Canon Professional Services Demystified
I’m often asked why I shoot with Canon gear. I mean after all, the differences between the prevailing professional DSLR camera systems (like Canon and Nikon as well as others) are really pretty small. With few exceptions, the one who has the best camera body is the one who has the latest model for sale. Camera bodies are like computers that way – the newest one is the best one, and wait six months (or less) and the other guy will release their latest and greatest. The real reason I stick with Canon is their glass – but that’s a topic for a separate article. However, Canon Professional Services (CPS) is no small part of why I’ve remained loyal to Canon DSLR technology for about 8 years. Many photographers have never heard of the CPS program, and those that have often don’t know much about this somewhat “under the radar” program that Canon offers. So I thought I’d write this article to share what I know about the program, having been a member for several years.
WHAT IS CANON PROFESSIONAL SERVICES?
In each major regional market which Canon does business in the world, Canon has a CPS organization to support professional photographers in those markets. So there’s a CPS organization for Canon Europe, Canon Japan, Canon Australia, etc. I belong to Canon Professional Services USA.
In terms of the actual services which CPS provides, the program works somewhat differently in each of the various regional programs. CPS USA has changed a bit over the years, so I think it’s worthwhile to look at the evolution of the program.
THE WAY IT USED TO BE
I’ve been a member of Canon Professional Services for about 5 years now. In terms of the services CPS USA provides, not much has changed over the years, but the admission program has changed quite a bit in recent years. When I first joined Canon CPS, the application process was quite arduous, and the requirements to be a member in CPS were very stringent. As memory serves, you had to have at least one camera body which Canon considered “professional” grade, and I believe you also had to have two pro-level lenses. When I first joined, I had the Canon 20D, which qualified. I also had the Canon 70-200L (non IS version). And I think I also had the Canon 17-40L. So I met Canon’s equipment qualifications. But in addition to the equipment qualifications, you had to prove you were a “pro” photographer, and the quality of your work was evaluated. With your application, you had to submit samples of your paid, “professional” work. Since I had been working for about a year as a freelance writer and photographer for a few magazines, I was able to submit samples of my work that had been published. But I was still biting my nails after sending off my application – would the quality of my worked be deemed worthy of acceptance into Canon Professional Services? A few weeks later, I received my membership card, and I was beaming with pride. No less than Canon Professional Services had judged my work worthy of inclusion in their elite organization – without a doubt, I was a professional photographer. I often showed my CPS card to people – I really was proud of the fact that I had been accepted into CPS.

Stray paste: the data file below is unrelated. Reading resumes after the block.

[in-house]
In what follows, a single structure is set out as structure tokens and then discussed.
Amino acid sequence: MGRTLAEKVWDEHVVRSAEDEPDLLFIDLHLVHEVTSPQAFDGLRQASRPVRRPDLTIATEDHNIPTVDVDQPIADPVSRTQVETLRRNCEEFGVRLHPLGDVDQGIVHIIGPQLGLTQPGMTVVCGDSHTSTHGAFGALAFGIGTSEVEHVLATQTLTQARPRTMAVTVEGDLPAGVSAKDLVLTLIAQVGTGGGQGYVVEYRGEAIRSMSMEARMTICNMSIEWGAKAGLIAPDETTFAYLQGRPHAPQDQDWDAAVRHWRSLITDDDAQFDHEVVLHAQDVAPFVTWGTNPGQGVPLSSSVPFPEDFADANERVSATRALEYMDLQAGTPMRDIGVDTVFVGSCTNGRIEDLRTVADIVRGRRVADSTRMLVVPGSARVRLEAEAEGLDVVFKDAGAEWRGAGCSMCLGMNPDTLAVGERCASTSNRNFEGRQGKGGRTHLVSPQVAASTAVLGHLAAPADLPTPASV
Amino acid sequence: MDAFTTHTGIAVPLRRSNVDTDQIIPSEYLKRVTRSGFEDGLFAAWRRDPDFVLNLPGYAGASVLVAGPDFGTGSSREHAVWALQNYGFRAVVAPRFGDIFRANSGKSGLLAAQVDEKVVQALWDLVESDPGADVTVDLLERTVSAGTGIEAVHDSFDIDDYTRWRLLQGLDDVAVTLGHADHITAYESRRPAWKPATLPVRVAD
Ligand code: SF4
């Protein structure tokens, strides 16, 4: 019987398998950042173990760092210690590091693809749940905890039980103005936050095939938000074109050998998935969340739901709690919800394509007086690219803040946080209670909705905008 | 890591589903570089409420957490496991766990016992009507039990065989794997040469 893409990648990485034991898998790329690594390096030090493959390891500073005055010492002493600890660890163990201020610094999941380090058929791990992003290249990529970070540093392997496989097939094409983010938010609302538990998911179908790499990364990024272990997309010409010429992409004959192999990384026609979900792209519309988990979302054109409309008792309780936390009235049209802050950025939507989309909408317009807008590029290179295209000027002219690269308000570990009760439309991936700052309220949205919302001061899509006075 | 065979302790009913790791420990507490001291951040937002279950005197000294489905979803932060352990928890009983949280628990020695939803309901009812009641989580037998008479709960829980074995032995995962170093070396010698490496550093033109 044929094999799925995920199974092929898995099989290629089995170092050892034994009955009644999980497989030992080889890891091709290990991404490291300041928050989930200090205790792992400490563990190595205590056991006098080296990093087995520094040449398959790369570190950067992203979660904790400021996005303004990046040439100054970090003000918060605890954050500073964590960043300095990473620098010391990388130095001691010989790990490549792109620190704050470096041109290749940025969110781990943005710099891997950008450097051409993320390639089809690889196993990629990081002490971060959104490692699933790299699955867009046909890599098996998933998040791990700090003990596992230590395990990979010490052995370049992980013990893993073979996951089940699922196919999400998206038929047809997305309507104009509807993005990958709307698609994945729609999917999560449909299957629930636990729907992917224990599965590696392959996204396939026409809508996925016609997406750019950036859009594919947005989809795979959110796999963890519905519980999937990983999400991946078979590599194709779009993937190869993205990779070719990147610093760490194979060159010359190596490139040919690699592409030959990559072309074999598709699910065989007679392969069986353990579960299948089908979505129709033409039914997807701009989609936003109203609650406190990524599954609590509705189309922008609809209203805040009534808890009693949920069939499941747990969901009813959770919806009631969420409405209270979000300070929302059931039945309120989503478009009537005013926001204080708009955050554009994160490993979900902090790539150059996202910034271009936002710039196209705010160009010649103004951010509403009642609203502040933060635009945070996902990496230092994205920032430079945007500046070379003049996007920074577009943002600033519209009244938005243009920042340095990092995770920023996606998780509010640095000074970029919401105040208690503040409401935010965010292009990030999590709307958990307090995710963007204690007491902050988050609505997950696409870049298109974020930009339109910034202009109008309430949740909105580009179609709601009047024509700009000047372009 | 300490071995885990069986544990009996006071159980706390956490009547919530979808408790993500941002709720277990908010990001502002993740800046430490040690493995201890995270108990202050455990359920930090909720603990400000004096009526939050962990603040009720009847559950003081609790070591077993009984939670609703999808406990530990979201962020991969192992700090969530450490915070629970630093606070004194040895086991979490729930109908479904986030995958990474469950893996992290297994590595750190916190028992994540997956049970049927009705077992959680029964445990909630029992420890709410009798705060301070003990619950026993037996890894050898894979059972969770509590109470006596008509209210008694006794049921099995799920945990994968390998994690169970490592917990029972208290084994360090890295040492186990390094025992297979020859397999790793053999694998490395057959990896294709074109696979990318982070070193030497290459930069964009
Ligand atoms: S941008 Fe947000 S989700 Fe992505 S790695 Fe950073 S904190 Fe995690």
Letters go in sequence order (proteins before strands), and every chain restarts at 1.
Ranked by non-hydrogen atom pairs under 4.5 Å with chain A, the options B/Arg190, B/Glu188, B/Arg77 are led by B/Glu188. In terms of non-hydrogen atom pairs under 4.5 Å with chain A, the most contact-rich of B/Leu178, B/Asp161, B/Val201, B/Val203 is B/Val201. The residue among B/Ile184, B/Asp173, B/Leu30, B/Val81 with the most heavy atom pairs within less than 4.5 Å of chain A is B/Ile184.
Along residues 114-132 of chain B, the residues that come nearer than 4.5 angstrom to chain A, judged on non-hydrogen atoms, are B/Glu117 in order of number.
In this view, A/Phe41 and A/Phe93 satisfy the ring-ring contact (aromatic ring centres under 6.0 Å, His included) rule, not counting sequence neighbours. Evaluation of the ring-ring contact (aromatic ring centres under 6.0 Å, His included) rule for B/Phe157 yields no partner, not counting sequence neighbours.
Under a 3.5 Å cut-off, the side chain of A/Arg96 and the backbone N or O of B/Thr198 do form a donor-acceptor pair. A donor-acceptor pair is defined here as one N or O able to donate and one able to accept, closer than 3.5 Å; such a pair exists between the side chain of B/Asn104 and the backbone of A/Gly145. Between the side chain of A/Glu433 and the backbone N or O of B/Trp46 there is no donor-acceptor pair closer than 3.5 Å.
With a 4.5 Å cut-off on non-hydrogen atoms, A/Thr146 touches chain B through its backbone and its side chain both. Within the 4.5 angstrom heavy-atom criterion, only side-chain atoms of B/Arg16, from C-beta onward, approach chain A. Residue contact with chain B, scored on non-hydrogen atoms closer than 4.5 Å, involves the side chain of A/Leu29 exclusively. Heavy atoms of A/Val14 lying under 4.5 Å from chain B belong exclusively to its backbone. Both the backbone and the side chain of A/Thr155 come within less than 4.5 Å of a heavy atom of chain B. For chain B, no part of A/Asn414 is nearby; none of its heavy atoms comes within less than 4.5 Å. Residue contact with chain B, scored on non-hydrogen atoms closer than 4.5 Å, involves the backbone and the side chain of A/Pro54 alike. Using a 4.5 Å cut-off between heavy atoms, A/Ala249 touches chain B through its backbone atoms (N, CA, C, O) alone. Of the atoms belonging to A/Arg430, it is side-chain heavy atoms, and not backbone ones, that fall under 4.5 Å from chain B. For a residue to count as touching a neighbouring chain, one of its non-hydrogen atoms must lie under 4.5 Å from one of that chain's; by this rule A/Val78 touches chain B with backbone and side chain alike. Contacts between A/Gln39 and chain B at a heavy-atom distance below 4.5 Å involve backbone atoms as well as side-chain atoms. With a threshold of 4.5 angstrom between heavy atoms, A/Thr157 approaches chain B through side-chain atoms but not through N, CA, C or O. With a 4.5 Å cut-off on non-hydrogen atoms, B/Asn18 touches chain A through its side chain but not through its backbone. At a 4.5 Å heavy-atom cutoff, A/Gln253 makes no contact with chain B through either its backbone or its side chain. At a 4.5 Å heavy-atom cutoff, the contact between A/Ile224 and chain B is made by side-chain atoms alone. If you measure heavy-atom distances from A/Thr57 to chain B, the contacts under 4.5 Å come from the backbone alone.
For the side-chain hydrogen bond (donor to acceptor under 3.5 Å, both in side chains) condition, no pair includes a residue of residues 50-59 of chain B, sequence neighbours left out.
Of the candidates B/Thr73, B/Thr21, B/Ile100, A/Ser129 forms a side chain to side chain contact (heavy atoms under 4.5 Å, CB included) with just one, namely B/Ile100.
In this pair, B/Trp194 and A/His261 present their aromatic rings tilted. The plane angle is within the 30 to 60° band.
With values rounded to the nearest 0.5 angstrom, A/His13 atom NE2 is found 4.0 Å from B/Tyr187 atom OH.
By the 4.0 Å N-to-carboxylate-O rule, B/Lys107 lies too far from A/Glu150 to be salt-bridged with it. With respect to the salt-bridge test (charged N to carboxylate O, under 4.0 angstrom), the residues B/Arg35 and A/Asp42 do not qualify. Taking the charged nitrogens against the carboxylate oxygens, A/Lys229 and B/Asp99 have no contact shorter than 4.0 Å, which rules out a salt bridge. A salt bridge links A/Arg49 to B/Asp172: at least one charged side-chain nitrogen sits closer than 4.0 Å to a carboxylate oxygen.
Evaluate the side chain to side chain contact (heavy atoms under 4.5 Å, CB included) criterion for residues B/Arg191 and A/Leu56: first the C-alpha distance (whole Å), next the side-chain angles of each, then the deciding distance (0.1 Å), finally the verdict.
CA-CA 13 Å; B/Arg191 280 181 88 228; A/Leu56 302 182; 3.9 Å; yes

Other than the personal pride and the membership card, there were some great benefits associated with being a CPS member. Firstly, you received priority service when you send Canon your camera equipment for service or repair, with expedited turn around times, and even “loaner” equipment available – a huge benefit which makes certain a Canon pro will never lose money because their equipment is being serviced or repaired. But the other huge benefit for me was the ability to order any piece of equipment in the Canon catalog for evaluation. Upon request, CPS would send you any body or lens in their catalog for “evaluation” for a period of 10 days. You simply pay the cost of shipping the equipment you order back to Canon after the evaluation. For me, this was the biggest benefit of the CPS program. Not only did it give me the opportunity to test drive Canon equipment before I purchased, it also meant I had access to lenses and bodies which I could use for special assignments that would pop up. I didn’t have to tie money up in expensive equipment which I wasn’t sure I’d use beyond 1 or 2 unique instances, and I didn’t have to do costly equipment rentals for unique, short-term needs either. I simply called CPS two weeks before the event, let them know what I needed, and they sent it. When I was done, I just paid the cost of shipping the equipment back to Canon. There was a limit on the number of times you can borrow the same piece of equipment (it’s an evaluation program, remember?), but it’s still a great feature of CPS.
THE CURRENT CANON CPS PROGRAM